Dr. Henri Daniel is a director of the company. He has been a research scientist with the Research Branch of Agriculture and Agri-Food Canada since 1974 and since 1990 he has been leading a study on the impact of bio-solids on soil agro-ecological functions and the development of value-added products from residual and naturally occurring organic matters. Dr. Daniel obtained a B.Sc. in 1981 from the University of Ottawa in plant biology and biochemistry; a Masters in Science in 1985 from the University of Montreal in Palynology, Paleoecology, and Pedology; and a Ph.D. in 1989 from McGill University in Soil Sciences. He is a resident of Chelsea, Quebec.
Mr. Desmond is a company Director. He has extensive international business management and marketing experience in the Waste and Sewage treatment industry. He is currently Chairman of Watercare Services, a billion dollar company, and is also Chairman of four other corporations, two of which are related to the waste industry. He holds directorships in five other corporations, including a billion dollar infrastructure company. He was previously the Chairman of one of New Zealand's first composting companies and is a New Zealand "Fellow" of the Institute of Directors. He is a resident of Auckland, New Zealand.
Ron Bain is a founder and the Secretary/Treasurer of the company. He studied Business, Economics and Marketing at Sheridan College in Ontario and has an extensive background as a business development manager and brand manager with major multinational companies. He is also President of Offshore Seafarm Systems Inc., an advanced technology development company which produces sea pen systems for the aquaculture industry. He is a resident of Vancouver, B.C., Canada.
Dr. Henri Daniel — See Directors and Officers.
Dr. Schmidt obtained his B.Sc., M.Sc., and Ph.D. in Soil Chemistry from McGill University. At present he is the Emeritus Distinguished Research Scientist with Agriculture Canada. He is the co-author of the book Humic Substances in the Environment and the co-editor of the books Soil Organic Matter and Interaction of Soil Minerals with Natural Organics and Microbes . He has authored over 300 referred scientific papers and has received numerous awards and honors for his work in Soil Science. He is adjunct professor of Soil Science at the University of Guelph and has acted as an advisor to CIDA, Agriculture Canada, and the U.S. Department of Agriculture.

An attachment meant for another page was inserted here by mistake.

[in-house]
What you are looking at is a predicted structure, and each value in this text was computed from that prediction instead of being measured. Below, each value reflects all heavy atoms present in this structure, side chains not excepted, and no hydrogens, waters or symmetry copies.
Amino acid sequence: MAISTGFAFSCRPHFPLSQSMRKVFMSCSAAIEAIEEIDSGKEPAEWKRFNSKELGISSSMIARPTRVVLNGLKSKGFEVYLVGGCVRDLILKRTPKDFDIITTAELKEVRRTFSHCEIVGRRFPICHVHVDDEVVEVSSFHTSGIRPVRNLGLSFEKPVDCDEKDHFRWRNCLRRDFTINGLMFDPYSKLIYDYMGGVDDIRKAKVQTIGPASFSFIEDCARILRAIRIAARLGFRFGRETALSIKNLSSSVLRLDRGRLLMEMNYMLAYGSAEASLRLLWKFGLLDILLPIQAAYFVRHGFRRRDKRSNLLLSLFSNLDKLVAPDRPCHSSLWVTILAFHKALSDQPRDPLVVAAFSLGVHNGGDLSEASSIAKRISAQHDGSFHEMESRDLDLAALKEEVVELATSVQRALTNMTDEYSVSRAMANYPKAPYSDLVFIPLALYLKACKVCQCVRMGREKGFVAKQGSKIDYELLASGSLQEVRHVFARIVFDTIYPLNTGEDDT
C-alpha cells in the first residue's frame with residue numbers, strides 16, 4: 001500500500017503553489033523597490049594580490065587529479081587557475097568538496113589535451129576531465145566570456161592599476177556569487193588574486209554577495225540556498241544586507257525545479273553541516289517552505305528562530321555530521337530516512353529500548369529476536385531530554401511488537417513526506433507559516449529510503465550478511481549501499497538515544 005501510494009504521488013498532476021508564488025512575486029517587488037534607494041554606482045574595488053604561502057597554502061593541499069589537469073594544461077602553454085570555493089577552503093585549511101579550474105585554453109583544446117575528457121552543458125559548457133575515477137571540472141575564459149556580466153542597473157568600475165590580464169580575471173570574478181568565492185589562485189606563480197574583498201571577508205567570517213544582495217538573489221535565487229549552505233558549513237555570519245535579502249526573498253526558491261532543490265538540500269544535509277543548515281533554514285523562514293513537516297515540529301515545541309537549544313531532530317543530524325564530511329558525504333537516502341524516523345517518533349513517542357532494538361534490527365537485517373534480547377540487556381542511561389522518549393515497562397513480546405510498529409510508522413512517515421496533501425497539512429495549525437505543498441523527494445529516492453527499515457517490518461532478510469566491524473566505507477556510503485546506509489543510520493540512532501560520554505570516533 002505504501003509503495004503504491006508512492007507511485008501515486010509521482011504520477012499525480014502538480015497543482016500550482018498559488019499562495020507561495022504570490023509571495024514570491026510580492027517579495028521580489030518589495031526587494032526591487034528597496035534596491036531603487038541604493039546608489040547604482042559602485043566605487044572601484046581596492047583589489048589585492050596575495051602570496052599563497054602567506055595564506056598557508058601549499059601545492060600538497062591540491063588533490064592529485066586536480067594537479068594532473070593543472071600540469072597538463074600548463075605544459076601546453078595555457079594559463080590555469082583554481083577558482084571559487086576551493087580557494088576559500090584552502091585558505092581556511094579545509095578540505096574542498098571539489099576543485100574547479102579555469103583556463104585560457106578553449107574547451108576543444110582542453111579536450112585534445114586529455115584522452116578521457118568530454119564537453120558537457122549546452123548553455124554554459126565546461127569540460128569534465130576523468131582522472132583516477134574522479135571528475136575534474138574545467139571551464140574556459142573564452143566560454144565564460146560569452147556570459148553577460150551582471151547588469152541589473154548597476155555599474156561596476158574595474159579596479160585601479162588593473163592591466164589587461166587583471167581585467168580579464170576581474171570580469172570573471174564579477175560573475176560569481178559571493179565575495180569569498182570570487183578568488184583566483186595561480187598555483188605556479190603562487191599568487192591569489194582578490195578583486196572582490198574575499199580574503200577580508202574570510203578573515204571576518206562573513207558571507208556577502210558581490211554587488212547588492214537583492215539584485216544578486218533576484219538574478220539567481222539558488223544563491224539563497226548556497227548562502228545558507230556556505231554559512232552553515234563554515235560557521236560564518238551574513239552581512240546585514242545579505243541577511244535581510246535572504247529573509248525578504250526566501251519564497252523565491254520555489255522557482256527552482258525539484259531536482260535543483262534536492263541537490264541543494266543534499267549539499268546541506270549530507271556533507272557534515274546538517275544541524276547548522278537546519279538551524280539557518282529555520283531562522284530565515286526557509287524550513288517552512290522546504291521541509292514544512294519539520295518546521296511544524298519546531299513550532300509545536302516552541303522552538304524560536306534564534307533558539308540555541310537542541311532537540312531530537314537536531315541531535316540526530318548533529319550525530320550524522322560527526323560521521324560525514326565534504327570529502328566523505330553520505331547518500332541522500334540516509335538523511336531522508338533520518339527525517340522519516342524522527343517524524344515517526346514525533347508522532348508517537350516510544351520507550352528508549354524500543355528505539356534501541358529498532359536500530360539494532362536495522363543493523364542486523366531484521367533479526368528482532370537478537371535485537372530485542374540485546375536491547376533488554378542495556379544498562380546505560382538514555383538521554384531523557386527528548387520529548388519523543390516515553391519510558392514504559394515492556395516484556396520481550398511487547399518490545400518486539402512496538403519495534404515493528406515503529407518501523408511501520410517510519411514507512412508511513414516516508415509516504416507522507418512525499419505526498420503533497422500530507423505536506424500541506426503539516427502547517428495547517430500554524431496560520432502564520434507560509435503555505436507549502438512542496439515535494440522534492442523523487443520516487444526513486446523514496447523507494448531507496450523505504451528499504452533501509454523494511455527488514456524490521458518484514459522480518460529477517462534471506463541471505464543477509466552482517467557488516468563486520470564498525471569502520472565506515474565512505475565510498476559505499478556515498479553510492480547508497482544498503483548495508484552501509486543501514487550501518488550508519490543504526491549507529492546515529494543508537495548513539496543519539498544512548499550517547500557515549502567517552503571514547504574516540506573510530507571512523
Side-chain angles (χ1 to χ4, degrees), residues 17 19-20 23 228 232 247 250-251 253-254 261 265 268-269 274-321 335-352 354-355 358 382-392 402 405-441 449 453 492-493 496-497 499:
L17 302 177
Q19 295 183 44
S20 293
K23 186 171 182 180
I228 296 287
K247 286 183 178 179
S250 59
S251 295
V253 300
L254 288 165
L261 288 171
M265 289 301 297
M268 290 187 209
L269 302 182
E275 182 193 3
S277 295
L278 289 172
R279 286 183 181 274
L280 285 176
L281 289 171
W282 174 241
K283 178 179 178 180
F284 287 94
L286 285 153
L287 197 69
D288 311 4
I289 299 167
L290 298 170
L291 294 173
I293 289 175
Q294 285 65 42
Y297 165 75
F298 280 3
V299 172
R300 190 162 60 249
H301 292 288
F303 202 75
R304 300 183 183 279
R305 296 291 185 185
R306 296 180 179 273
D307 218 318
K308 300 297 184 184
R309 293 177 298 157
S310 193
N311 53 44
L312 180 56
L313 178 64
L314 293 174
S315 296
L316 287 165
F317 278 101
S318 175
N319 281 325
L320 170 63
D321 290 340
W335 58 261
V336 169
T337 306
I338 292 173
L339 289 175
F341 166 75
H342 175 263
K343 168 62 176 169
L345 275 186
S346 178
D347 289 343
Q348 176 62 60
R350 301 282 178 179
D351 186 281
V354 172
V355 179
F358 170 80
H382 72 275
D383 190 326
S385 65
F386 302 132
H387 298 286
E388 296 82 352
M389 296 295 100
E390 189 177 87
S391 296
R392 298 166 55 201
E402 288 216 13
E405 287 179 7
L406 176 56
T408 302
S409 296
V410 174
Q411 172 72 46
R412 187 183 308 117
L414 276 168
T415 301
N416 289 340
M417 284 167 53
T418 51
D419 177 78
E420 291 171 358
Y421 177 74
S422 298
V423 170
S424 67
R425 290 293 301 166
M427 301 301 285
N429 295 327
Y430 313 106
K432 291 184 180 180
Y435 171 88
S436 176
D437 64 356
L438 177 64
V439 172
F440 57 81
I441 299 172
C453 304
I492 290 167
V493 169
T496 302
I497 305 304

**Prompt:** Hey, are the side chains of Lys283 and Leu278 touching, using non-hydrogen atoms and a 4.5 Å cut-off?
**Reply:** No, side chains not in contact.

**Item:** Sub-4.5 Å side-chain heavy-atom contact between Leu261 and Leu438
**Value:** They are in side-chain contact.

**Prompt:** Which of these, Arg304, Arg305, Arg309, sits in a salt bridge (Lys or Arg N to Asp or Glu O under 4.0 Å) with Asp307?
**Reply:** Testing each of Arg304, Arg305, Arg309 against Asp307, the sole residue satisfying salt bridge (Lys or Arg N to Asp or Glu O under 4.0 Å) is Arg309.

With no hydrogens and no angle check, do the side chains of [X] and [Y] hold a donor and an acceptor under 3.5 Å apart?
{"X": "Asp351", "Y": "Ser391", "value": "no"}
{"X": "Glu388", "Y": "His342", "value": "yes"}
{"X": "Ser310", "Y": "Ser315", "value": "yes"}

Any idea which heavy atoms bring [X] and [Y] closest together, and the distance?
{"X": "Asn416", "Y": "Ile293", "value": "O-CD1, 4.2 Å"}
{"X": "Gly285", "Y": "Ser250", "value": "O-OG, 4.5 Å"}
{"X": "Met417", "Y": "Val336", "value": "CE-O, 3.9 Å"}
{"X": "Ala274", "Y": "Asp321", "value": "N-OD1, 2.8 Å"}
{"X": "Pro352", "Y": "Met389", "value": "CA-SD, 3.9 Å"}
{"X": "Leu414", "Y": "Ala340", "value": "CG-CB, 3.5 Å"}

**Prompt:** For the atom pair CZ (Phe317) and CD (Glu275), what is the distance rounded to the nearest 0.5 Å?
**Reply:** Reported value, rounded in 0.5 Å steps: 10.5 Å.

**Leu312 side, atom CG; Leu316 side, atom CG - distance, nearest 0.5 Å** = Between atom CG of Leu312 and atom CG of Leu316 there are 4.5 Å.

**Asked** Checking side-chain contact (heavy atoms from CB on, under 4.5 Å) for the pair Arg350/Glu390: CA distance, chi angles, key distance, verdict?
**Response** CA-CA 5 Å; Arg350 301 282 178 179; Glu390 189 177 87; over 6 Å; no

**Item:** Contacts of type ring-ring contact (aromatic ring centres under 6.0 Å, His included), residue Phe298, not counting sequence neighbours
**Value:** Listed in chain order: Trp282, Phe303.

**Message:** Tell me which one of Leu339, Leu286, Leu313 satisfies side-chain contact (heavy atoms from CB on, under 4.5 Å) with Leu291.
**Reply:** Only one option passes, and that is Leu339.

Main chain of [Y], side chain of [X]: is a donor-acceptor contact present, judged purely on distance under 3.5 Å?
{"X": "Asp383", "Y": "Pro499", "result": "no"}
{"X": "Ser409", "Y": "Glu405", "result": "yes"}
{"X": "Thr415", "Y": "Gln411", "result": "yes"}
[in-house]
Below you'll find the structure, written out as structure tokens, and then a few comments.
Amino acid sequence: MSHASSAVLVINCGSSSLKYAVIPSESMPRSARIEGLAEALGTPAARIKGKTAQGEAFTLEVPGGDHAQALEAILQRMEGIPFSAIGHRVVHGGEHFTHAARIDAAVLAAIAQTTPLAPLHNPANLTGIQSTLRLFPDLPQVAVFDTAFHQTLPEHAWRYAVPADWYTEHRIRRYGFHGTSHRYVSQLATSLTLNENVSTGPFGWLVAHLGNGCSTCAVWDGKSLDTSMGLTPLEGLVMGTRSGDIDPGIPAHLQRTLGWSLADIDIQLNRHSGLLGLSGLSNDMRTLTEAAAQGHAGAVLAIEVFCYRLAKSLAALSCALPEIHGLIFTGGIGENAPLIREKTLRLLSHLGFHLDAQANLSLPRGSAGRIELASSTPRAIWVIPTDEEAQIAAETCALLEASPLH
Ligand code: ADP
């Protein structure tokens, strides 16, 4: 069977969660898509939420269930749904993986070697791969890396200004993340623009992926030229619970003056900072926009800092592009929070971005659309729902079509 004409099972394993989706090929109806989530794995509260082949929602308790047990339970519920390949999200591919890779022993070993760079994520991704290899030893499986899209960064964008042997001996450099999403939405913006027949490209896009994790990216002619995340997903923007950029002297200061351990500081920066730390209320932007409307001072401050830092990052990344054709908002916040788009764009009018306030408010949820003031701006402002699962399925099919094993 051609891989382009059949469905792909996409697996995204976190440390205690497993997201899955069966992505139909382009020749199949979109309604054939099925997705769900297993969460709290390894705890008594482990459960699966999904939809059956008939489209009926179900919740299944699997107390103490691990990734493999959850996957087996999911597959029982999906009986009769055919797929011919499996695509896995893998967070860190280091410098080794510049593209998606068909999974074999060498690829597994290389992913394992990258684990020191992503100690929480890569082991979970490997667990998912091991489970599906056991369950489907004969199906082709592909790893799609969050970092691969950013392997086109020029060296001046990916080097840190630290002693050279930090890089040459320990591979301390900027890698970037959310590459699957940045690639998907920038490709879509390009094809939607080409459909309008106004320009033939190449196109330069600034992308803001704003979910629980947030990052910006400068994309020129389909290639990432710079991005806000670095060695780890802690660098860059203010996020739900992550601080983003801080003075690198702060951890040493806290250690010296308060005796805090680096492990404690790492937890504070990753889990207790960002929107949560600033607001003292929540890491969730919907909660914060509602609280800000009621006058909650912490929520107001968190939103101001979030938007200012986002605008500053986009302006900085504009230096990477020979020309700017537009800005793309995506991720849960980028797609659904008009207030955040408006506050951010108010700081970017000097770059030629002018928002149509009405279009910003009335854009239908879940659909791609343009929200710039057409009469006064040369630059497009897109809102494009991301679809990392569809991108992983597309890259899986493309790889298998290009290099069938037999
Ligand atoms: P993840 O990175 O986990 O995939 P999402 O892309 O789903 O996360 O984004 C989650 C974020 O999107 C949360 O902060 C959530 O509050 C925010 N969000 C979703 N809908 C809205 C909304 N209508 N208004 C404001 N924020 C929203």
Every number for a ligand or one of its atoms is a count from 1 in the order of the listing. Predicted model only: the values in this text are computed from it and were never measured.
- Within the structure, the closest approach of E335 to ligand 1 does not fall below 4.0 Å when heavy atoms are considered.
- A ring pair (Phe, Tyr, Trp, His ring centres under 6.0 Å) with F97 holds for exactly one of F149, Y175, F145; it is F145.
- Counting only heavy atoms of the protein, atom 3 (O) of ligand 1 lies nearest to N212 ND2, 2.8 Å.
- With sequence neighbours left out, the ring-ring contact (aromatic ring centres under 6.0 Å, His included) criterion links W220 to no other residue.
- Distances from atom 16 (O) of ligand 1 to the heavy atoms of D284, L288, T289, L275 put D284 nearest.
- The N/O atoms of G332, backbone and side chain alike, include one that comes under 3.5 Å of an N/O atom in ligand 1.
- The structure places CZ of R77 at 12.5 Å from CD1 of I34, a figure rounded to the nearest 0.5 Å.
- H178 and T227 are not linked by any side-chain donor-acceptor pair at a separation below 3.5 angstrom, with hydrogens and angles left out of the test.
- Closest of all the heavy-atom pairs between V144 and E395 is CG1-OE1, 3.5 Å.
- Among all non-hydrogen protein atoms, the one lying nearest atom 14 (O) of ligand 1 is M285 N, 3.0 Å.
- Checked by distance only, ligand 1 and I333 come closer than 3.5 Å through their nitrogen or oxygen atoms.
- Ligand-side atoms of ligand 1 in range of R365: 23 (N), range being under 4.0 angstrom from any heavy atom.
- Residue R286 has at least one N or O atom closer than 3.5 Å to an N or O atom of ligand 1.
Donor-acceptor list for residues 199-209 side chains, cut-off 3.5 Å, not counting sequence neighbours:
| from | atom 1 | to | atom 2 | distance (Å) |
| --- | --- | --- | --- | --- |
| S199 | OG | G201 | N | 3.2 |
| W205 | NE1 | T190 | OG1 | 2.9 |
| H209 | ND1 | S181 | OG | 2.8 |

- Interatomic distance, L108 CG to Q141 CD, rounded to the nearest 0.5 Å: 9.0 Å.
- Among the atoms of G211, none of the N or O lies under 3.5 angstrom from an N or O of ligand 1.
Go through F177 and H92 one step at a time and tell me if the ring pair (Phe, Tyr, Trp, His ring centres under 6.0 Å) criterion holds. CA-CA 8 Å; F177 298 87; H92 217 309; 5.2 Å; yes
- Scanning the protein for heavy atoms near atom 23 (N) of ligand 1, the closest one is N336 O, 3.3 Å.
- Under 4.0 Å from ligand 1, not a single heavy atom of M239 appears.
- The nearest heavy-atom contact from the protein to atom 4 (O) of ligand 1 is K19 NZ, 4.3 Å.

Dr. Paris is a research scientist with the Eastern Cereal and Oilseed Research Centre of Agriculture and Agri-Food Canada. He holds a M.Sc. in Agricultural Microbiology and a Ph.D. in Agronomy and Soil Fertility, both from Laval University. He is the author or co-author of 40 reports and studies on fertilizer effects and responses, plant productivity, composting, and soil management.
Mr. Genesis is the President of BioMax Inc., a company he created in 1987. He is a Professional Engineer, who received his B.Sc. in Mechanical Engineering from Laval University. Mr. Genesis has collaborated and initiated numerous composting projects in Quebec, and BioMax introduced the first in-vessel composting system in Quebec. He has been the Secretary-Treasurer of the Association Quebecoise des Industriels du Compostage (AQIC) as well as the Vice President of the Canadian Council of Canada (CCC-Quebec).
Philip Donaldson is a chemical engineer and holds a P.Eng. along with a Bachelor of Arts. He has an extensive background in real estate development and investments through his company White Chapel Enterprises Ltd. He is a resident of Vancouver, B.C., Canada.
Peter Desmond — See Directors and Officers.
Ron Bain — See Directors and Officers.
Ron Nelson is a graduate in Urban Land Economics from the University of British Columbia and is President of Ronald Nelson and Associates, a mortgage banker. Ron holds numerous designations relating to the mortgage and financing industry. He is experienced in producing financial models for plant expansion and international licensing.
Principals Victor Long, Darcie Buzzer, and Tim Randall collectively have extensive experience in strategic resource development, pre- and post-production marketing, and e-marketing in the manufacturing and retail industries.
Agronix Organics, Inc., has developed key alliances with companies possessing the technological depth and industry experience necessary for rapid development of the company's agricultural residue processing plants:
Based in Quebec, BioMax Inc. has developed a range of composting technology and services, and has recognized expertise in the development, construction, commercialization, and service of organic waste processing plants. Their most advanced system, RoboCompost III, was the starting point to which Agronix Organics, Inc., added proprietary improvements to develop the company's BCR System.